Today is the Vernal Equinox! Spring is officially here and the deep shadows the climbing sun creates affirms this. Today we will see equal light and equal dark, and from here until the Fall Equinox will see an increase in sunlight.
This is also the day which turns the Rewilding Wheel from Winter Quadrant practices that played with the associations between the Winter season, the element of Air, the cardinal direction North, the spiritual traditions that connected to the sage-qualities of the high places, and the wisdom soul work of the crone. Now, we move Eastward, the place of the rising sun and the kindred element of fire. The Spring Quadrant works with the symbols of Spring, new life, creativity, imagination. This is the season of birth and transformation. The Rewilding Wheel does something different with these universal indigenous symbologies. This sacred circuit lands the prayers and practices associated with these correspondences in a particular locale with the intention of attuning to the spirit of a place. In our Pacific Northwest bioregion, the spirit of this quadrant lands us in low land forests. Within the mythopoetic world, the forest is the place we enter to be transformed, and it is often the lantern, or flame, that guides us through these dark and transformational places to a the grounded sense of Self Knowing.
Here is to the turn of seasons! Here is to the turn of the Rewilding Wheel! I’m excited for this new attunement and the spiritual practices and disciplines that align with this quadrant.
I co-created this mandala today as a spiritual practice to attune to the new season and see anew how the plant world was emerging on this vernal day. As I noted, this Spring season will place my delight and discipline within forest and woodland landscapes. I thought it was completely appropriate then that this mandala is presenting along with shadows cast from a still-southern arcing sun through the fringe forest that is our back yard.
Plant Friends who co-created this mandala with me:
Daffodil—in honor of my son River’s birthday which follows quickly after the Spring Equinox; I tell him every year the daffodil’s are blooming to trumpet their celebration of his birth)
Rosemary and Forget-Me-Not—these sweet blooms both carry the theme of remembrance. As I was in my garden today, there was the machine-and-wheeled presence of trucks, cranes, and drills in the fringe habitat of our neighborhood woods. Three centurion trees were felled for more development. I sit in the tension as I witness the removal of habitat and tree beings to accommodate the relentless growth of our city. These flowers seemed to implore me to not forgot the faithful lives of these trees and continue this important work of deep remembering.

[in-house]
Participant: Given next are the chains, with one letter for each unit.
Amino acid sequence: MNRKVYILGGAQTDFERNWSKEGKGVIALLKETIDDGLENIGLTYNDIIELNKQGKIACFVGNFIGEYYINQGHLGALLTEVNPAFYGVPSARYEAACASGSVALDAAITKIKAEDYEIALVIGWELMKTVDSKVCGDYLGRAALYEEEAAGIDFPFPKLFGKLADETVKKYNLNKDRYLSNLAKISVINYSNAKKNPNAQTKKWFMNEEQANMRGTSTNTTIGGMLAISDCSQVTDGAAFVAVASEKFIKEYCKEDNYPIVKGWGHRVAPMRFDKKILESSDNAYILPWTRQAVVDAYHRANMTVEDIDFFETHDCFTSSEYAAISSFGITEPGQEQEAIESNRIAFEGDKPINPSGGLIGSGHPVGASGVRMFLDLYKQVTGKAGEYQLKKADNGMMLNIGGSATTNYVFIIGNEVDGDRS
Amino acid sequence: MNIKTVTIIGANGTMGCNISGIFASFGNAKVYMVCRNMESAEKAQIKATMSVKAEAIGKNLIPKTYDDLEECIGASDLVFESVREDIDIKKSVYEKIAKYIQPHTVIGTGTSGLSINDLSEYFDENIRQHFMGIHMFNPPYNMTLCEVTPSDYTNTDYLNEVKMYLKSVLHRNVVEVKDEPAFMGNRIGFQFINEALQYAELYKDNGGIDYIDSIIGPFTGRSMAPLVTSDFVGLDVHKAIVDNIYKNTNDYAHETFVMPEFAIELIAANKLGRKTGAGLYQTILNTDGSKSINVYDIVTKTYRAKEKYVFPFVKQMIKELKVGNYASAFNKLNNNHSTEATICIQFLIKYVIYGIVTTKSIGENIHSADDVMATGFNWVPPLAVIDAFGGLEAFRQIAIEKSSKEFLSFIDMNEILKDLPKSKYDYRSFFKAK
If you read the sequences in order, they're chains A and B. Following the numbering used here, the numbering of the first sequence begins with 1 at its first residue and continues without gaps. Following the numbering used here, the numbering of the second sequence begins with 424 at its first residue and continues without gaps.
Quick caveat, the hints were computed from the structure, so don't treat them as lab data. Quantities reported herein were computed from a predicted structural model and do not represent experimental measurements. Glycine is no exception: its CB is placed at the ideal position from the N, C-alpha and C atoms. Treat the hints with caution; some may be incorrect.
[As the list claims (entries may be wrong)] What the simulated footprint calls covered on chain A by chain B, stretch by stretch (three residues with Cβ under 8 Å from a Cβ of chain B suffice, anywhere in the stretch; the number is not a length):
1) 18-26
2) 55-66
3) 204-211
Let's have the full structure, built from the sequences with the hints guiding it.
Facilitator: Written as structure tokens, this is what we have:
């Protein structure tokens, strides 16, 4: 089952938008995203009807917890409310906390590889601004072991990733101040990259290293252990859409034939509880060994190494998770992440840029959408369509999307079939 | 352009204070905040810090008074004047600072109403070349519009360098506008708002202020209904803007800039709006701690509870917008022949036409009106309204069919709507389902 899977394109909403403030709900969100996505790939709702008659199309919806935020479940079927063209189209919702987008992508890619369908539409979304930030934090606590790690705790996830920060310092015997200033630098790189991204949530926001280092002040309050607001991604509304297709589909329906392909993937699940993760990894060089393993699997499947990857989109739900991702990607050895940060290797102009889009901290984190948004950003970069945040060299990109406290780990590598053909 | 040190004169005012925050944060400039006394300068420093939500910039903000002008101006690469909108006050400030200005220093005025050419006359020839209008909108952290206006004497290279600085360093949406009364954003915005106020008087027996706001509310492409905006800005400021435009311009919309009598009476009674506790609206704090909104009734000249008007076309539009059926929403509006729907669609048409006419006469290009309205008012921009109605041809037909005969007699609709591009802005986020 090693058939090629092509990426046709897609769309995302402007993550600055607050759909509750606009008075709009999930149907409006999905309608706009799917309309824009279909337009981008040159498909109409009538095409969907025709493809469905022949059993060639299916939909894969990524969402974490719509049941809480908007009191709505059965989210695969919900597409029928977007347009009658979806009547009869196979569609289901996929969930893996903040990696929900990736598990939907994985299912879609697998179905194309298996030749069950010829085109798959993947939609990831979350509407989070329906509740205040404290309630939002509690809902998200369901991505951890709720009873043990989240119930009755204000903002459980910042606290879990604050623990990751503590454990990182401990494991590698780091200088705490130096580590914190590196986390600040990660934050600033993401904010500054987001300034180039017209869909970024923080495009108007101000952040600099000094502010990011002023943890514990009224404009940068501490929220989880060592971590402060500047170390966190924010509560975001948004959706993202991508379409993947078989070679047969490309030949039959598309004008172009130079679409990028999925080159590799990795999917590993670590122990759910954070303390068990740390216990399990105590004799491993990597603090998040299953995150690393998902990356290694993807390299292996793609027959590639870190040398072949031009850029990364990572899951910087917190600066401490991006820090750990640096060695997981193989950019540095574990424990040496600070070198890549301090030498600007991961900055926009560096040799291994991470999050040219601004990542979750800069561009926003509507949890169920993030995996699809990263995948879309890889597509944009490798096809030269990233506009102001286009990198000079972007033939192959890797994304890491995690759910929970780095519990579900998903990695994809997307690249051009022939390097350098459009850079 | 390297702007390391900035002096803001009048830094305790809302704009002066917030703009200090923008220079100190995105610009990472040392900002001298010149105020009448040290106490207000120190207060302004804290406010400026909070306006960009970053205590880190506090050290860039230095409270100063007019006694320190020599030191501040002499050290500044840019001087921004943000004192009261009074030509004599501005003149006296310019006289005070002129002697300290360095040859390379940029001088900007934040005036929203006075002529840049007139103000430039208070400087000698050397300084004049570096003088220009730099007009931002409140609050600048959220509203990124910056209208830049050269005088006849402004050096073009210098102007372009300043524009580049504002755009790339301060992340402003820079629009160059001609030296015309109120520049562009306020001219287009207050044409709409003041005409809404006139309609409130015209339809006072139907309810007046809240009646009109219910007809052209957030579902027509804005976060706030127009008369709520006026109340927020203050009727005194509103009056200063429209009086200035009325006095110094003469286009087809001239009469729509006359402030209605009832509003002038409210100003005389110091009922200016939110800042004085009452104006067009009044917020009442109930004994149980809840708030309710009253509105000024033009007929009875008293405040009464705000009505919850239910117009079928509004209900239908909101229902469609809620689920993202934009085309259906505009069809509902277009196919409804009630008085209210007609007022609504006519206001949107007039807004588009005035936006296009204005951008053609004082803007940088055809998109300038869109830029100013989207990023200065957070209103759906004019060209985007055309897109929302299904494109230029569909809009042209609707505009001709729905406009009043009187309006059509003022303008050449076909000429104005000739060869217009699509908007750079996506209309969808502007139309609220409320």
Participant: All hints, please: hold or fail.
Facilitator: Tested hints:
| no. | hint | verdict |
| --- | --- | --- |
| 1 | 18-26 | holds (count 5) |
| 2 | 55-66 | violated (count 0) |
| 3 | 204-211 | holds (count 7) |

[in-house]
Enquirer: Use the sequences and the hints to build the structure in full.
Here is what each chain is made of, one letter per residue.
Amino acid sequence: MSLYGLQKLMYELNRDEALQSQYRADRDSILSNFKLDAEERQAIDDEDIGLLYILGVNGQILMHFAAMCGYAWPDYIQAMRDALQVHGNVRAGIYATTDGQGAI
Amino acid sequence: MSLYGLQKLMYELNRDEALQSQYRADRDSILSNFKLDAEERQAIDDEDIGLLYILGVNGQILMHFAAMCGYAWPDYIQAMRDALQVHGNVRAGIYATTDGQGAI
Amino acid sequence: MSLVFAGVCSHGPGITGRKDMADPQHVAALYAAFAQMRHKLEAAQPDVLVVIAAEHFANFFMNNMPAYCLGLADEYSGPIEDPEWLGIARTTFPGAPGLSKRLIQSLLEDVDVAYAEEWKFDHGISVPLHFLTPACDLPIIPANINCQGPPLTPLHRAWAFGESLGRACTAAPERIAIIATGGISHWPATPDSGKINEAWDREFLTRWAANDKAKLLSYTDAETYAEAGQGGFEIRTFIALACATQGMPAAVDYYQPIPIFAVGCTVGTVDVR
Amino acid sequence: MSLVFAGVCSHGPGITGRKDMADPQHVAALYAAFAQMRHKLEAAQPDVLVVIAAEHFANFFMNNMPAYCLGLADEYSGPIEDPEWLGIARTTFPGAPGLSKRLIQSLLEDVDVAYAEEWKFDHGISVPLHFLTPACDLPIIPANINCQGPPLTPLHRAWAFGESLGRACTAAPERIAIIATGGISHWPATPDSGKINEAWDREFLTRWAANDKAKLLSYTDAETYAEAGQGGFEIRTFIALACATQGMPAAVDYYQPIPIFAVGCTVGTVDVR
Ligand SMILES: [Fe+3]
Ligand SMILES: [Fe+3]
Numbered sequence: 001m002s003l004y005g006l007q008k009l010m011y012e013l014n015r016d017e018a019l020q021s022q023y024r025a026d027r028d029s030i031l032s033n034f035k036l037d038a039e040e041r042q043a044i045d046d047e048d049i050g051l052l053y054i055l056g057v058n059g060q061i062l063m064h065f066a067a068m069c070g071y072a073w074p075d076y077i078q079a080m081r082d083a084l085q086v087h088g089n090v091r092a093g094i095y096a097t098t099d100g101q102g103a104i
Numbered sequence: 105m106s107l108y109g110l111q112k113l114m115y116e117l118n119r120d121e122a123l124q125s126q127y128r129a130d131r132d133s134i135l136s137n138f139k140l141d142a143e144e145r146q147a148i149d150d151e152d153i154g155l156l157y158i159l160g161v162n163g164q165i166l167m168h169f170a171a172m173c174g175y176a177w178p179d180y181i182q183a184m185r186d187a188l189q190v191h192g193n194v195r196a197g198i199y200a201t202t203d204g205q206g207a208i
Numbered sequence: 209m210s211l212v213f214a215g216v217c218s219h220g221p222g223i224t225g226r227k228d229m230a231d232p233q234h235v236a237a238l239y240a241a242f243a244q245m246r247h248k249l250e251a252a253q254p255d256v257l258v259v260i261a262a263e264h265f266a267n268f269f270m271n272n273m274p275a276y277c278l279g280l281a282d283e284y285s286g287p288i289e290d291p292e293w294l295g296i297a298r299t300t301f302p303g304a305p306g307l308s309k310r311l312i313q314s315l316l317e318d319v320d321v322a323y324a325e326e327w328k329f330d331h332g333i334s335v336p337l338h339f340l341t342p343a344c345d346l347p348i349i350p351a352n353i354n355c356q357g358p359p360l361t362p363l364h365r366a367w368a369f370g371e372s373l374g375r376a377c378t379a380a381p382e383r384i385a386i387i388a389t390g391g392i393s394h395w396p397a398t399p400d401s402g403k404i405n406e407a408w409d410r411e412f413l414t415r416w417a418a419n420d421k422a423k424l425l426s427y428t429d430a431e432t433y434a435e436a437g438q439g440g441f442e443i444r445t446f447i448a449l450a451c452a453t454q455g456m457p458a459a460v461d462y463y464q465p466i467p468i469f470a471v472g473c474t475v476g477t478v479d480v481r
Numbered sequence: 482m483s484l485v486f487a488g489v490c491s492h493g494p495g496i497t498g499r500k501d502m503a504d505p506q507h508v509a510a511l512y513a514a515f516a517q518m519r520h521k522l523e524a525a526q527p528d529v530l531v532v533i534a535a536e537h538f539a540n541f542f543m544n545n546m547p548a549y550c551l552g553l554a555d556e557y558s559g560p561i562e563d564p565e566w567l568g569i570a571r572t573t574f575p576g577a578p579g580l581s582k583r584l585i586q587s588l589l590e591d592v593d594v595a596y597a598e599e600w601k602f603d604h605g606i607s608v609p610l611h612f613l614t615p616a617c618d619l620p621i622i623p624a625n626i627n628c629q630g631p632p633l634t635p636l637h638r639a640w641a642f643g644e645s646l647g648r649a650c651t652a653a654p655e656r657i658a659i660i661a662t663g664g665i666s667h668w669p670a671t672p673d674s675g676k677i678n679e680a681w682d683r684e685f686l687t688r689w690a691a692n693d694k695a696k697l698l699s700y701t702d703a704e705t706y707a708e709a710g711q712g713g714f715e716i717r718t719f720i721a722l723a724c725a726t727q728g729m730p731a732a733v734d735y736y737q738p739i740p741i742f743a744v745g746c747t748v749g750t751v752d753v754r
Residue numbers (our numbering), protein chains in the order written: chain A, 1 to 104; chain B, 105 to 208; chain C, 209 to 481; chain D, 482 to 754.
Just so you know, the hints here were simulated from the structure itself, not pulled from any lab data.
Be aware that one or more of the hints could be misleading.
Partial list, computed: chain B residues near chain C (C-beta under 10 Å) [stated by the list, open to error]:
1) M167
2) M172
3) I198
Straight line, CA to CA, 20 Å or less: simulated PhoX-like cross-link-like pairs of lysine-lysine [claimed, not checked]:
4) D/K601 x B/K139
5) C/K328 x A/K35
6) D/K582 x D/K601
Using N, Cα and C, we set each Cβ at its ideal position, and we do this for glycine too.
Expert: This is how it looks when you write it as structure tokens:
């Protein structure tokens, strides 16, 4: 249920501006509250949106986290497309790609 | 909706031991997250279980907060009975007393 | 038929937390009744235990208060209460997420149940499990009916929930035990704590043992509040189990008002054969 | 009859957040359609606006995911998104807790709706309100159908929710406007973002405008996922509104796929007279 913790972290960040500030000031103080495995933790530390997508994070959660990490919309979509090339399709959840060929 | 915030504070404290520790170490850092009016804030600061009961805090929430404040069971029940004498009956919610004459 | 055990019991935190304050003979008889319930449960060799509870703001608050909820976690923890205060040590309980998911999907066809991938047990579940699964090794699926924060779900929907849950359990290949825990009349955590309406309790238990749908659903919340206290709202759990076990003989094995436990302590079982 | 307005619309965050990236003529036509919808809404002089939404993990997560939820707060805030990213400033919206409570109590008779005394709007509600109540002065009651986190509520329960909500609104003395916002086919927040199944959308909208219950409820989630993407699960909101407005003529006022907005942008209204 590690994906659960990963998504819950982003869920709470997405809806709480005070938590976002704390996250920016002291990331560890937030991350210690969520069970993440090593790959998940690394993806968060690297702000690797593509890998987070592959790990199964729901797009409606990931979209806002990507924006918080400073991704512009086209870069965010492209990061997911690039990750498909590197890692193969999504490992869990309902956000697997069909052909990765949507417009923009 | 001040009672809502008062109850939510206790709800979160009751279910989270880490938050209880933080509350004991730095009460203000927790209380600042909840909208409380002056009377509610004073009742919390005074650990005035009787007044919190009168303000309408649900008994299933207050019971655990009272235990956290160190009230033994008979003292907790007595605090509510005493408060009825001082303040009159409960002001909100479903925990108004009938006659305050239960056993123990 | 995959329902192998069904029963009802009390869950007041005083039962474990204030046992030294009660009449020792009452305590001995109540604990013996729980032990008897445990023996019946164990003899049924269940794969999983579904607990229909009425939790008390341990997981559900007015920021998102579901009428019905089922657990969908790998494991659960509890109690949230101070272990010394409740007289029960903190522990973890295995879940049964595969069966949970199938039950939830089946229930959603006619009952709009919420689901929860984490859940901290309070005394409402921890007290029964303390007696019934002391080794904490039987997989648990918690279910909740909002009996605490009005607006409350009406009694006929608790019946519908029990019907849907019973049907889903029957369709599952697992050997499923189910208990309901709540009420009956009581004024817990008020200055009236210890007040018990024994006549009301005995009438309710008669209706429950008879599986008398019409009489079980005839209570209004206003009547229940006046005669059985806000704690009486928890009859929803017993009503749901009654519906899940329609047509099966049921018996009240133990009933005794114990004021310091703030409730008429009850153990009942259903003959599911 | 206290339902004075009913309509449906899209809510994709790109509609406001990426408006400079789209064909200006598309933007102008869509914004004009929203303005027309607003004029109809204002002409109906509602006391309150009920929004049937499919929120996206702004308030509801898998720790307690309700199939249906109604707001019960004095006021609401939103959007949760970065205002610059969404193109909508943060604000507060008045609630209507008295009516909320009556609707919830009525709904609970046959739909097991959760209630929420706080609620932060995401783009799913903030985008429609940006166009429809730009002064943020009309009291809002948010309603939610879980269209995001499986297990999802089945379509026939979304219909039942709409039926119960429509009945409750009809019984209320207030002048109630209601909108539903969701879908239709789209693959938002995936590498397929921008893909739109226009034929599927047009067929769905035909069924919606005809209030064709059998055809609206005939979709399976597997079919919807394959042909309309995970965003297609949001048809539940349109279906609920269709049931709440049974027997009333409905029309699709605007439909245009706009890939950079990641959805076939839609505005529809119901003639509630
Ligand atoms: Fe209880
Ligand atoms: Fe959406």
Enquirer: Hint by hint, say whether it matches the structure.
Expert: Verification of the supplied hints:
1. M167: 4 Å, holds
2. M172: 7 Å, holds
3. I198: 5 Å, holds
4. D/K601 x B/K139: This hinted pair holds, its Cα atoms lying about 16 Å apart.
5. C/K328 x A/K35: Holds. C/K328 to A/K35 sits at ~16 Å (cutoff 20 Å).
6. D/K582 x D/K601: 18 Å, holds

Equinox Eggs—lovely eggs laid by our lovely hens. Eggs are symbolic in this season of the return of vibrant life after a long and cold winter.
Snowberry (Symphoricarpos albus)—Snowberry grows throughout our neighbor-wood as well as on the slopes around our home. Plants have extensive root systems and are used to stabilize soils on banks and slopes. Cut some of the branches and tie them together to be used as a broom (fun activity for kids after they help pick up the branches during a late winter prune!). Into natural deodorant? The crushed berries have been rubbed into the armpits as an antiperspirant!
Grand Fir—these fresh Grand fir tips are delicious as a tea or infused to create a simple sugar! Young tips are harvested when they are limey green and tender. These ones were harvested from our neighbor-woods and represent the move towards a deeper engagement with forestscapes in the Spring quadrant of the Rewilding Wheel. Pinch off the new growth here and there – making sure to not to gather too much in one place and being sure to harvest with gratitude.
White Icicle flowering current (Ribes sanguineum)—Profusely adorned by hanging clusters of white flowers in early spring followed by blue-black berries in summer. Superb as a hedge and indeed is present in the living fence (i.e. hedge) we have created between our home and our neighbors. Wildlife are attracted to the summer fruit so planting this in your yard increases your habitat potential. Deciduous.
Indian Plum or osoberry (Oemleria)—this too is a harbinger of spring but within the cool of the low woodland forest. With the first vibrant lime green leaves to unfurl in late Winter, Indian Plum boasts a delicate white flower before anything else blooms. If you can catch them before the birds do, the fruit is edible, albeit bitter. Indigenous native tribes ate the fruit fresh, dried, or cooked.
Forsythia—bright yellow harbingers of spring. These are lovely planted as a border or hedge and make lovely cuttings to bring into your home, office, or school.
Pussy willow (Salix)—My children love collecting the catkins and using them in their play. Plant a grove and cut some every year for crafts. Willows are pliant and strong and make beautiful wreaths and chairs and tables and trellis--the only limit is your imagination!
Evergold Variegated Japanese Sedge—our backyard paths are lined with this sedge, which prefers the moist soil that is fed by the seasonal spring in our neighbor-wood. Birds enjoy the coverage the long leaves provide.
Sword fern—these fiddleheads emerge in the early spring and are delicious fried up with olive oil and garlic. Harvest carefully and never take too many from one plant as these unfurl to become the sword fern’s fronds. My totem, sword ferns have shown up to me in revelatory ways in times when I have most needed divine presence.